Google is always working on new features that are hidden behind developer flags, and one that arrived in Developer Preview 2 is the ability to create an emoji wallpaper. The New York Times recently published an article detailing how Google planned to take on ChatGPT.The report also laid how some of the company’s image and video projects that are currently in the works, including a “wallpaper maker for the Pixel smartphone.” In Android 14 DP2, we spotted a new “Emoji Wallpaper” app bundled in the /product partition. It seems to be Pixel-exclusive, as its package name is “com.google.android.apps.emojiwallpaper” and it requires the feature flag “com.google.android.feature.PIXEL_EXPERIENCE” to be declared.
Once enabled, a new “Emoji Lab” option appeared in the wallpaper list. Tapping it opened a UI that let me create a new wallpaper with various emojis. When creating a wallpaper, you can pick up to 14 emojis to be included in the design, choose from patterns like “Mosaic”, “Lotus”, “Stacks”, “Sprinkle”, “Prism”, and pick between various colors. If you don’t know what design you want, you can tap the “randomize” button to let the app create a randomized emoji wallpaper.
Once you create a wallpaper it gets saved in the Emoji Lab section of your phone's wallpaper choices. There's no guarantee that this feature will end up rolling out to Googel Pixel smartphones, but it looks like a fun feature to play with.
Android 14’s regional preferences feature could tell apps to use your preferred calendar and number system
Android is a global operating system, and as such, it requires support for different ways that people understand dates, times, and other regional measurements, such as Fahrenheit versus Celsius and kilometers versus miles. It isn't always appropriate for an app to assume what metric the user would like to use, and it's why a lot of apps (particularly weather apps) will ask you what metric you'd like to use. Google added per-app language settings in Android 13, and it now seems to be expanding that idea to other use cases.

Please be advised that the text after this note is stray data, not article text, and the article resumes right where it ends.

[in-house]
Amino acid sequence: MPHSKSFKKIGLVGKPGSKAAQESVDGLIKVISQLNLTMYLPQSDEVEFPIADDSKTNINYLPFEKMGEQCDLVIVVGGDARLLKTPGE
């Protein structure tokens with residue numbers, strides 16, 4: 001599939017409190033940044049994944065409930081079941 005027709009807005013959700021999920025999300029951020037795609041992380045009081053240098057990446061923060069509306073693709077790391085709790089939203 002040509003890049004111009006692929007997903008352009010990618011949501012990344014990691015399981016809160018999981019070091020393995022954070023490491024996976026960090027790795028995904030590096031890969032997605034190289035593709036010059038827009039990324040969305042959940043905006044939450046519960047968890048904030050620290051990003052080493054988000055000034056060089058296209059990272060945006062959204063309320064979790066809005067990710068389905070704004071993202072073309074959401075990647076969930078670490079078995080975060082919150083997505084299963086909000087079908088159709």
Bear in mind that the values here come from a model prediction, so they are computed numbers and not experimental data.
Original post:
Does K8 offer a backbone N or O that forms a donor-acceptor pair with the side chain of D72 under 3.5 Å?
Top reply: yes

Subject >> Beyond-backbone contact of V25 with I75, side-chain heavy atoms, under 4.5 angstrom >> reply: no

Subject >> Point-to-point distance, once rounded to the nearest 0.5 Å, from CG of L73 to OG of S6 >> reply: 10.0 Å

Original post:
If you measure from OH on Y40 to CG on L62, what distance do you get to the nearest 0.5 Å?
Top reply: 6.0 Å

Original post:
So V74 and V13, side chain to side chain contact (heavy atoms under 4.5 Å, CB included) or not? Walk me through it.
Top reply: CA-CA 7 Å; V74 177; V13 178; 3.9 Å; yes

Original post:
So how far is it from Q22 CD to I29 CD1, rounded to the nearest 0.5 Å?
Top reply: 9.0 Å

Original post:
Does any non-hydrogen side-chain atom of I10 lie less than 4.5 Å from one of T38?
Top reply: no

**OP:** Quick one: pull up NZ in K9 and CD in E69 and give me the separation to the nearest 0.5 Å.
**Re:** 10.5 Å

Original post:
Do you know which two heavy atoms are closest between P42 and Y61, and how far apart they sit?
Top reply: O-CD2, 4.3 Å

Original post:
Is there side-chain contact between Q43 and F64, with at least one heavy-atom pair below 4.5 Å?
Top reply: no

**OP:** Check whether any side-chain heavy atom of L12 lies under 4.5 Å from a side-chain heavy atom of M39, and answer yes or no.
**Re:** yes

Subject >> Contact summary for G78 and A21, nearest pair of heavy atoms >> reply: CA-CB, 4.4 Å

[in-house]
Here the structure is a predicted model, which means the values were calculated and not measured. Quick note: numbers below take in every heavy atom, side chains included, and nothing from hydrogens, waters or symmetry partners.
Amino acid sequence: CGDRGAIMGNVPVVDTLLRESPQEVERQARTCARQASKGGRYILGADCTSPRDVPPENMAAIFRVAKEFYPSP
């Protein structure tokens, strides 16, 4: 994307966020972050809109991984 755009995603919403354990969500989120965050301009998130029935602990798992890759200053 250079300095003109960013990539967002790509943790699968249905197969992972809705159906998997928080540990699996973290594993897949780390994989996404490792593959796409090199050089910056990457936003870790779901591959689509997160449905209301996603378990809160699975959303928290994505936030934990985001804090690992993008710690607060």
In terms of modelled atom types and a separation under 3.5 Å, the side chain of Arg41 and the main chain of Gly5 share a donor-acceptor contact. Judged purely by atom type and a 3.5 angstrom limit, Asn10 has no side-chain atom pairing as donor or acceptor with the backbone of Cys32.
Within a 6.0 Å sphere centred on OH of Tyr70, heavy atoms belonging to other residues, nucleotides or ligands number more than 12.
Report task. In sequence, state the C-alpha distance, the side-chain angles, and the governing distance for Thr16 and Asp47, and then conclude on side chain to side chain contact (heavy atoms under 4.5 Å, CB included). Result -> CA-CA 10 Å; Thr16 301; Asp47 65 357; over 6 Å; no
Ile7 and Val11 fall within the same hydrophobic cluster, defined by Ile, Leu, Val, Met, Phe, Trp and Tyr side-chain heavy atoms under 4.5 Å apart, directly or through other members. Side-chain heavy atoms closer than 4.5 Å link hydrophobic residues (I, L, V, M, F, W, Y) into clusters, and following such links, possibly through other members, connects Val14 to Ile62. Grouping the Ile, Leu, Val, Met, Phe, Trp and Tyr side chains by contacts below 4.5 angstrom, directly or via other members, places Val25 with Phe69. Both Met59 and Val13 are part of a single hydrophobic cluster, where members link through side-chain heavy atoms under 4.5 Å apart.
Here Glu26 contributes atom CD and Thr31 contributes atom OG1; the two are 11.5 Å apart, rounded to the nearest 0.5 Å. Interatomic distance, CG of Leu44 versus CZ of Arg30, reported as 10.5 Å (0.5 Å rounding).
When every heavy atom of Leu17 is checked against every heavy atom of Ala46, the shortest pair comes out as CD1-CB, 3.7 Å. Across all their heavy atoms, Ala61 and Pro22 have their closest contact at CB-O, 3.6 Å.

The company is testing a new “regional preferences” feature in Android 14 that lets users set their preferred temperature units, calendar, first day of week, and number system for each locale. “Regional preferences” appears under Settings > System > Languages & input when a hidden developer flag is toggled.
This feature is now available in Android 14 Developer Preview 2.
Android 14 may bring better support for keyboards with touchpad gestures and modifier key remapping
Google has been trying to make Android work better on large-screen devices, and thanks to these efforts, we now have things like the taskbar, activity embedding, more optimized apps, improved letterboxing, and better split-screen support, most of which arrived in Android 12L. Android 14 DP1 now has better keyboard support.